Residents oppose plans for buildings; Foes speak out during a meeting on 'farmstead' proposal; Previous concept rejected; Project would alter property's 'historic character,' man says


Michael Pfau might not get the green light he wants.

Pfau wants to build four office buildings off Fels Lane in Ellicott City, a stone's throw from historic Main Street. His architect has designed the buildings to look like an old farmstead, complete with a caretaker's home and an old barn.

But last night, Ellicott City residents came to the Howard County Historic District Commission meeting to oppose Pfau's plan, saying it would destroy the character of the historic district, a popular tourist destination.

The commission did not vote on the proposal last night, wanting to consult with legal counsel first.

The site Pfau wants to develop is zoned for offices, and the commission does not have authority to prevent building there. However, it can reject specific site plans based on architecture, landscaping and impact on the historic district.

The commission has rejected a previous Pfau plan for Fels Lane. In November 1998, it rejected his proposal to build 27 townhouses on the site.

Because the panel did not issue a written denial within 45 days, Pfau's lawyer wrote a letter saying the developer was going to build anyway. The case went to Howard County Circuit Court; the judge ruled in favor of the commission.

Pfau is trying again.

Doris Thompson, commission chairwoman, called Pfau's new plan "much better."

Richard Taylor, a commission member, commended the developer for doing a "nice job."

The staff of the Historic District Commission has recommended approval of Pfau's plan, saying it is "very well designed to give the impression of a farm complex converted to office use."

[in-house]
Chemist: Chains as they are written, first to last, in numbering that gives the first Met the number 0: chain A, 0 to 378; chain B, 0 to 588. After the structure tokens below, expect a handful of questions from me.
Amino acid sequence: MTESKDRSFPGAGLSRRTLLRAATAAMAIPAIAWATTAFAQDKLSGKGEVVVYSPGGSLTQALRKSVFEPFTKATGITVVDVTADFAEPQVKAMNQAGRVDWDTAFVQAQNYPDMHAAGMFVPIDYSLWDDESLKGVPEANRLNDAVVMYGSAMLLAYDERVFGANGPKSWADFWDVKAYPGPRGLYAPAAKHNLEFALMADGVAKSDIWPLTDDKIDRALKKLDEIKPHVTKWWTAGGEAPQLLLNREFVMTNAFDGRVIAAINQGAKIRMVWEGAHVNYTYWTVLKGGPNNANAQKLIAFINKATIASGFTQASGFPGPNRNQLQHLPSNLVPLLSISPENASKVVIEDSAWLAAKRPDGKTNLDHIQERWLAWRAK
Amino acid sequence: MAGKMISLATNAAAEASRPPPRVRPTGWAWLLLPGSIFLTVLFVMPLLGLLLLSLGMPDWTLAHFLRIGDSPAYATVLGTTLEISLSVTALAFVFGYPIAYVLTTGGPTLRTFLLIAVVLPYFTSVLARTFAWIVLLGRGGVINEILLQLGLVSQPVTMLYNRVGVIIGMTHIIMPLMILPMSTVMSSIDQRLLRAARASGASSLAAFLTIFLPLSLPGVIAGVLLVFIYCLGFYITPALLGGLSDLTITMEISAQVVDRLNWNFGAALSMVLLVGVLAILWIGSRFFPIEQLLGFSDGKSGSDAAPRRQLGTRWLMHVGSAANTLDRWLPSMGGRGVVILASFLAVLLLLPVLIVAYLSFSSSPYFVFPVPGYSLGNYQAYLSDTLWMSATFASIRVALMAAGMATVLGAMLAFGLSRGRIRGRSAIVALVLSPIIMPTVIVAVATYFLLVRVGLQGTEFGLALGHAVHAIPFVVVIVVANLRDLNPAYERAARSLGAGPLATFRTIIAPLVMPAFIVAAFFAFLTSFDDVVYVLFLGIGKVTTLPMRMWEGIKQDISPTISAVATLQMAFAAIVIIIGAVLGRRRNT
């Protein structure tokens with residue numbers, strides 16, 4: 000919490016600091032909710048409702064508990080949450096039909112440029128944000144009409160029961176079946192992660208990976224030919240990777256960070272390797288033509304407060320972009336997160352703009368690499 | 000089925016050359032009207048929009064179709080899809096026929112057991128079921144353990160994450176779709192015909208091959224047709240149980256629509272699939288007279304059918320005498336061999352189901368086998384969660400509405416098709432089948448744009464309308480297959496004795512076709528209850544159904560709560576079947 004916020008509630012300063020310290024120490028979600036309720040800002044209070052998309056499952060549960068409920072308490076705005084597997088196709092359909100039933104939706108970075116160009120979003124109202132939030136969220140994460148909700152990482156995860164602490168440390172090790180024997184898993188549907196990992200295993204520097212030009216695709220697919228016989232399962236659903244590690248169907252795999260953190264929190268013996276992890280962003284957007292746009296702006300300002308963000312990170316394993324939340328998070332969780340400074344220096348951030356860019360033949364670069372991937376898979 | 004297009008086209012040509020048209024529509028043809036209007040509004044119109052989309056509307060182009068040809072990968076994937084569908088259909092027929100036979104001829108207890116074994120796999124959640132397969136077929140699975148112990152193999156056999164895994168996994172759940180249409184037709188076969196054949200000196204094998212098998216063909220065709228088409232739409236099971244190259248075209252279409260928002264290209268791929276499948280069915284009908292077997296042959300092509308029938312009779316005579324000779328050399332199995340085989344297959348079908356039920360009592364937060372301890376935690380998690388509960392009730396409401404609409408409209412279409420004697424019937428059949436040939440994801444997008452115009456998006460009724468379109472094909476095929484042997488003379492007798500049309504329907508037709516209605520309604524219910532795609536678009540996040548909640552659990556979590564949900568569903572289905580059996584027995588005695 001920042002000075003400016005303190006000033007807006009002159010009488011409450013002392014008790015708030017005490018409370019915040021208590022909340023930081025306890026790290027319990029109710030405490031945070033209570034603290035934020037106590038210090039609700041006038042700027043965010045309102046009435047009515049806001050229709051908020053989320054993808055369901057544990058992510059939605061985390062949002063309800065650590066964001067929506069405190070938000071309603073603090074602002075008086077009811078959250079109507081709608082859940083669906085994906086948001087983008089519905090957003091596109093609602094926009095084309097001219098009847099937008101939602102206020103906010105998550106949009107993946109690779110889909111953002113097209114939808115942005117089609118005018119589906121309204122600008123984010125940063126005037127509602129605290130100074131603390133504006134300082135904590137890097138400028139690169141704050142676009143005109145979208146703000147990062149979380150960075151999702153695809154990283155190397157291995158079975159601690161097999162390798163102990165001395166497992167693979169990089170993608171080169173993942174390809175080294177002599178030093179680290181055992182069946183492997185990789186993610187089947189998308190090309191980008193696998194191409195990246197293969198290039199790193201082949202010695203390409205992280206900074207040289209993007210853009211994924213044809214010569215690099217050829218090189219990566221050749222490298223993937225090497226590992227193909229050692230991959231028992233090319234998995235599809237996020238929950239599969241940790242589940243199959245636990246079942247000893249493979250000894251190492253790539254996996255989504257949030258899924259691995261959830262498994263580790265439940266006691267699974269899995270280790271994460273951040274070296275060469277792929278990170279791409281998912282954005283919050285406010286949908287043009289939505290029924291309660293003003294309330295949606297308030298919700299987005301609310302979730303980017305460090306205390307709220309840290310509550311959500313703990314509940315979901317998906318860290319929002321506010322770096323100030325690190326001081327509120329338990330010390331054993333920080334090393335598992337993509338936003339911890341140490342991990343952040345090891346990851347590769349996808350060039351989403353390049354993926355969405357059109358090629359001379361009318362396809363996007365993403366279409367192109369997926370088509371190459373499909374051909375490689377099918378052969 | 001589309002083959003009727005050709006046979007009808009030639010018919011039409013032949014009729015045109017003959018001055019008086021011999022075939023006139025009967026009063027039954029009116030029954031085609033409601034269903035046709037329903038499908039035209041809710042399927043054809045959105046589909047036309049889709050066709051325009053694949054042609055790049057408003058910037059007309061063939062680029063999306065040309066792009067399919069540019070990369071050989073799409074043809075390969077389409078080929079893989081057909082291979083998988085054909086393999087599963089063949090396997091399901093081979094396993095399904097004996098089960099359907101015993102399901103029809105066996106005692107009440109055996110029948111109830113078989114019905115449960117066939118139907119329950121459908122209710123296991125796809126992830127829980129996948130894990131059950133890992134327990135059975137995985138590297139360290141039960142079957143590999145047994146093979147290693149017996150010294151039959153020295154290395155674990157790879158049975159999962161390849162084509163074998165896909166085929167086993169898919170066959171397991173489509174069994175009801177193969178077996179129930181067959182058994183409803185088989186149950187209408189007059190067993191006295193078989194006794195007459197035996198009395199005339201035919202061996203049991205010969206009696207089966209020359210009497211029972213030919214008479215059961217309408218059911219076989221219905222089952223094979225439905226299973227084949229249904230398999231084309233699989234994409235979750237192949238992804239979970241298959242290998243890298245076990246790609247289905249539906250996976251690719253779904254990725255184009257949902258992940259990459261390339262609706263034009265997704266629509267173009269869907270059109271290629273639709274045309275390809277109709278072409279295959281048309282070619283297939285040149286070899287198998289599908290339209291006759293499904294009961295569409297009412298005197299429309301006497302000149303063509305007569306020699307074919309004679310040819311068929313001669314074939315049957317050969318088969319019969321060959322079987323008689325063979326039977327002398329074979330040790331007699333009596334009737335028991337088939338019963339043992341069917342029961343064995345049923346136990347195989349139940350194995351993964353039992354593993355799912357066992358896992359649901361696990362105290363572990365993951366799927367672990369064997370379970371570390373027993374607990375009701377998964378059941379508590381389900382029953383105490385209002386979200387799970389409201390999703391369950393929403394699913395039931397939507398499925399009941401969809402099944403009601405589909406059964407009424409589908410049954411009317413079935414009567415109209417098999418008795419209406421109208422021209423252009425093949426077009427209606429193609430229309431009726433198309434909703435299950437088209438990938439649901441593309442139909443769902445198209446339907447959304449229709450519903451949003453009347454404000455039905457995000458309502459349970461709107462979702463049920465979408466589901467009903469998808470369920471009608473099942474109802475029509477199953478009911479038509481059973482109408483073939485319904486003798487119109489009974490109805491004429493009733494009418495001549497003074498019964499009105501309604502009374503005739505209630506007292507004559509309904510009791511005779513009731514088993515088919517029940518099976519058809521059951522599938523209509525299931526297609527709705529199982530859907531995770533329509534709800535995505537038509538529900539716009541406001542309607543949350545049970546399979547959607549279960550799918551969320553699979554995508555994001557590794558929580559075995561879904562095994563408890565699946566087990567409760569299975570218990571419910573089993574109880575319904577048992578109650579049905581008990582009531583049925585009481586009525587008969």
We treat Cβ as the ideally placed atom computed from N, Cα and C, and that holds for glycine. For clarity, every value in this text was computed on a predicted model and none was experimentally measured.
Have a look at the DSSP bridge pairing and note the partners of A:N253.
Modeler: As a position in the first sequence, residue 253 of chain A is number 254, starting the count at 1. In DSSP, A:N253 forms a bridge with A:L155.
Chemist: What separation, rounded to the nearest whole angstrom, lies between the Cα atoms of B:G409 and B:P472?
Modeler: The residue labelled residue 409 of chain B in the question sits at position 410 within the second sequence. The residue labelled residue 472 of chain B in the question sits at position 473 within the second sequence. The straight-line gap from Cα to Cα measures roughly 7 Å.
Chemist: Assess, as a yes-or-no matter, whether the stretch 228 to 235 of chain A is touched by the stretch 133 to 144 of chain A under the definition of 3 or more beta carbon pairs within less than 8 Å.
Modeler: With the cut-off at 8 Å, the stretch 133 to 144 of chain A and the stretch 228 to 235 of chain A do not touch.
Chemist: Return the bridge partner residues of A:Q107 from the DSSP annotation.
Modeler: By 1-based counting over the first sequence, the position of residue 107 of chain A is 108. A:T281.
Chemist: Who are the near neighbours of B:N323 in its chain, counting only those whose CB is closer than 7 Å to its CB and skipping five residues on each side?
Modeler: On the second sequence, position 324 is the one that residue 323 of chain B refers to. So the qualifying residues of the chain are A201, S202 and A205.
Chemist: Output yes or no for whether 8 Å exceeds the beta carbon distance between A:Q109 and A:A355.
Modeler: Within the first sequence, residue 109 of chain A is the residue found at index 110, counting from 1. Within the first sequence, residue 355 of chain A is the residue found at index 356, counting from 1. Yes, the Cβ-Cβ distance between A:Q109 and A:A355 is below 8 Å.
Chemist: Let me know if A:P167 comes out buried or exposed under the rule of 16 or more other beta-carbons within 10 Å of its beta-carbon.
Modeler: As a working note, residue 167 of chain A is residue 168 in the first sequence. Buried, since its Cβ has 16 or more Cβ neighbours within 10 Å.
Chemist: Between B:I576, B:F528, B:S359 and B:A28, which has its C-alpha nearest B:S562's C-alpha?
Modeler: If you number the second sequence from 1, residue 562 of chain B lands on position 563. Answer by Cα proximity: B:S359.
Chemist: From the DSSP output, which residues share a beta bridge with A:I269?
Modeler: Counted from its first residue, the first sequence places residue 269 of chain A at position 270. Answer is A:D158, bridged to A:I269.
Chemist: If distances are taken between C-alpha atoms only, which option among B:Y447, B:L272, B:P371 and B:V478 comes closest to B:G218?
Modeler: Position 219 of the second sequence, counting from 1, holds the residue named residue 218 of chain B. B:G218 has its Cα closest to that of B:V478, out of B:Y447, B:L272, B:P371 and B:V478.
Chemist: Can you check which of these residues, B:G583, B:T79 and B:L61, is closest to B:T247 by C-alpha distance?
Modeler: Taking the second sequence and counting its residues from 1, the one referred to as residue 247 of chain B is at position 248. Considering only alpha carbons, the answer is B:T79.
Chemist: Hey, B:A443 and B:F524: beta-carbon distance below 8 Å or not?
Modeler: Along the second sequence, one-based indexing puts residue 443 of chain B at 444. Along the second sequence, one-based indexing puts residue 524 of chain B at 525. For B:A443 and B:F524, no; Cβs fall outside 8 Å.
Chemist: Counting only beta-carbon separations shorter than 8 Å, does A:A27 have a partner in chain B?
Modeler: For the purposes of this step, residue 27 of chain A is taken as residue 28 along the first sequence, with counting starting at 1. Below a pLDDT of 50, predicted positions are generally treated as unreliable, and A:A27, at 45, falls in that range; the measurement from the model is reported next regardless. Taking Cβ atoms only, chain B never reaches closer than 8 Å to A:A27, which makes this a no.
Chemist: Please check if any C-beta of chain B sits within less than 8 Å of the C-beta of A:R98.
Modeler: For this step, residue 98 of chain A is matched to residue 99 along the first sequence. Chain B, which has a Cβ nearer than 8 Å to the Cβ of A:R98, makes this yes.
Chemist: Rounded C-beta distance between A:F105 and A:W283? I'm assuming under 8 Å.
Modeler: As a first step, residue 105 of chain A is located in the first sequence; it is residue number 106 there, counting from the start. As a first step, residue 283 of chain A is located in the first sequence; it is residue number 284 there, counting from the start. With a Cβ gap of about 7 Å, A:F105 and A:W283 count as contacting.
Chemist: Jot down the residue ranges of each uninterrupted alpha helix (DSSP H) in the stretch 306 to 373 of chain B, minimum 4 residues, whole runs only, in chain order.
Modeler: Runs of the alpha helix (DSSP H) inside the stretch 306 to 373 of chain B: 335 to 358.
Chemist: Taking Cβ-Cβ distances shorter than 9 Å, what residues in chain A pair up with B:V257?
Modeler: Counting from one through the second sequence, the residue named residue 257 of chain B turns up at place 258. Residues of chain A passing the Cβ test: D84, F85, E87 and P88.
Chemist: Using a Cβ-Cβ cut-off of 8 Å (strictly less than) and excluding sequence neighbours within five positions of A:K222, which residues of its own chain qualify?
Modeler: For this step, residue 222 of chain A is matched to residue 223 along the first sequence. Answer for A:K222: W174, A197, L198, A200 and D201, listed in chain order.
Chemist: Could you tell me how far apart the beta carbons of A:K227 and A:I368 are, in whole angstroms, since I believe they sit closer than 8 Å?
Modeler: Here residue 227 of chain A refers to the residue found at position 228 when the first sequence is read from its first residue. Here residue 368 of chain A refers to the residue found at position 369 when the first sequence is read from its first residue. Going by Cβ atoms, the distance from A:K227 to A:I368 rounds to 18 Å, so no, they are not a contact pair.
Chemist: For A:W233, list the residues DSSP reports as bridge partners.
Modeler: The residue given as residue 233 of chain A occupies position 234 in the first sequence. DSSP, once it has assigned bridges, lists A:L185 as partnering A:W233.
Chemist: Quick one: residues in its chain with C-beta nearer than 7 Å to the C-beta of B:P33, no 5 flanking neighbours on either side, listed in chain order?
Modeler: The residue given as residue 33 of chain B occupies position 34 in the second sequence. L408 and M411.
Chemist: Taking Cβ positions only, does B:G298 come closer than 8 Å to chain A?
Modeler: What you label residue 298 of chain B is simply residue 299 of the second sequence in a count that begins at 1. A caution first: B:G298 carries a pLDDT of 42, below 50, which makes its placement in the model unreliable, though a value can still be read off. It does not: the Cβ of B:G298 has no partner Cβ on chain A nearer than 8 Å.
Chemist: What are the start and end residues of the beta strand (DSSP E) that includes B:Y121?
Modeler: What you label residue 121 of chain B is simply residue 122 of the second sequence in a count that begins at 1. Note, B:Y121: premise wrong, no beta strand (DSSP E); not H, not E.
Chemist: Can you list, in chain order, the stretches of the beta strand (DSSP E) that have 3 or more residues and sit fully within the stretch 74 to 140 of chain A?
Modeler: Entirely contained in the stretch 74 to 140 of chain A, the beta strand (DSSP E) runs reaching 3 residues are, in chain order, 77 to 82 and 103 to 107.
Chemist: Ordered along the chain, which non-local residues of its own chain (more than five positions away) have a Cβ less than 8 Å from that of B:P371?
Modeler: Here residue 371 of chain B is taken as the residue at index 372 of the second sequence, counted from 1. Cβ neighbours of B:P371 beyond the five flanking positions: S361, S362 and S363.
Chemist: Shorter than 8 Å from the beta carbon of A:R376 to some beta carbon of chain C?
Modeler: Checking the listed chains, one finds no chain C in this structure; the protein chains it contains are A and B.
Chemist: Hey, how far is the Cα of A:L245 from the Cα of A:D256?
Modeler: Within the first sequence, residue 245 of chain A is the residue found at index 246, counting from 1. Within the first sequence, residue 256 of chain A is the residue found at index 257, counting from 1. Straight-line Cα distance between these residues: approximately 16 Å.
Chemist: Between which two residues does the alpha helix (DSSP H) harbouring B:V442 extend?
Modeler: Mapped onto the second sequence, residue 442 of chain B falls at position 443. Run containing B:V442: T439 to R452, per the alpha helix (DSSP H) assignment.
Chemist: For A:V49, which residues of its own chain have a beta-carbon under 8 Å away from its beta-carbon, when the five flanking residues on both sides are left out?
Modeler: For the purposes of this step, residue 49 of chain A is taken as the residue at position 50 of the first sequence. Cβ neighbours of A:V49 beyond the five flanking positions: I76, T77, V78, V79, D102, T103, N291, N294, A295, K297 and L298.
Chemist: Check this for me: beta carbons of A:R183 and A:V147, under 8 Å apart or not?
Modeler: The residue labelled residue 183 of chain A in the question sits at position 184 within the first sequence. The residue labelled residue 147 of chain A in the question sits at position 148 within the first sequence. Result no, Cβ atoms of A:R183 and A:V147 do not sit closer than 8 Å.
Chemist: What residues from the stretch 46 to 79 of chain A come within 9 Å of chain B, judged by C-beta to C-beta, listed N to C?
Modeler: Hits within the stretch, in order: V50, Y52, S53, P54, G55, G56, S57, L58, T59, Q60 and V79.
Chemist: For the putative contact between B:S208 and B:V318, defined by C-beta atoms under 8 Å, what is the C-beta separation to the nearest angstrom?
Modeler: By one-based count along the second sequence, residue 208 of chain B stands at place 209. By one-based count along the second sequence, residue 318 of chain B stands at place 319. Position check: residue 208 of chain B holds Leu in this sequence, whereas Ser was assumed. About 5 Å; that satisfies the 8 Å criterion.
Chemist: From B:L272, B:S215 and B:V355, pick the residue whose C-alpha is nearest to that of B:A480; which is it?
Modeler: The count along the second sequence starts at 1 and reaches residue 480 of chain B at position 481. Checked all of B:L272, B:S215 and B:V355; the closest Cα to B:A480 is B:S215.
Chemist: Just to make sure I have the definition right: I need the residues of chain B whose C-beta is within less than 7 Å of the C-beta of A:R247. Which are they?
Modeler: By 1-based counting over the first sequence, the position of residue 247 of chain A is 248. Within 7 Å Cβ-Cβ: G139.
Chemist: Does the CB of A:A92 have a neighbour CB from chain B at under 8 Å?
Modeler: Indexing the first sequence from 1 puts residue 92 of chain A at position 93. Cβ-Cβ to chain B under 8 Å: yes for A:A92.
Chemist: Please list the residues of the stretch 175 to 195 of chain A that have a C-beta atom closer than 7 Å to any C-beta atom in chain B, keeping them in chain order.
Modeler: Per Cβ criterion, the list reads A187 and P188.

But many Ellicott City residents were not convinced. About 40 came to last night's meeting; of those, about 10 spoke against the plan.

Sally Bright, who lives near the proposed development on Church Road, said it would be absurd to have a fake farmstead where, historically, there were no farms.

Bright and many of the others also worried that the large development would dwarf a historic home that is on the property and has been converted to apartments.

Charles E. Fisher, a historic preservationist for the National Park Service in Washington, said Pfau's plan would "significantly alter if not destroy the historic character of this property."

Fisher said the proposed development "fails to meet very fundamental principles of historic preservation."

Alisa C. Walterhoefer, who lives on Park Avenue near the proposed development, said she worries about litter and doesn't want more construction in her neighborhood.

"I have traveled all over Europe and to many great historic cities in the United States as well," Walterhoefer said. "What makes a historic city beautiful is maintenance of historic architecture, cleanliness and allocated open spaces. Must we develop every inch of land we have?"

After the meeting, Pfau said he had no comment.

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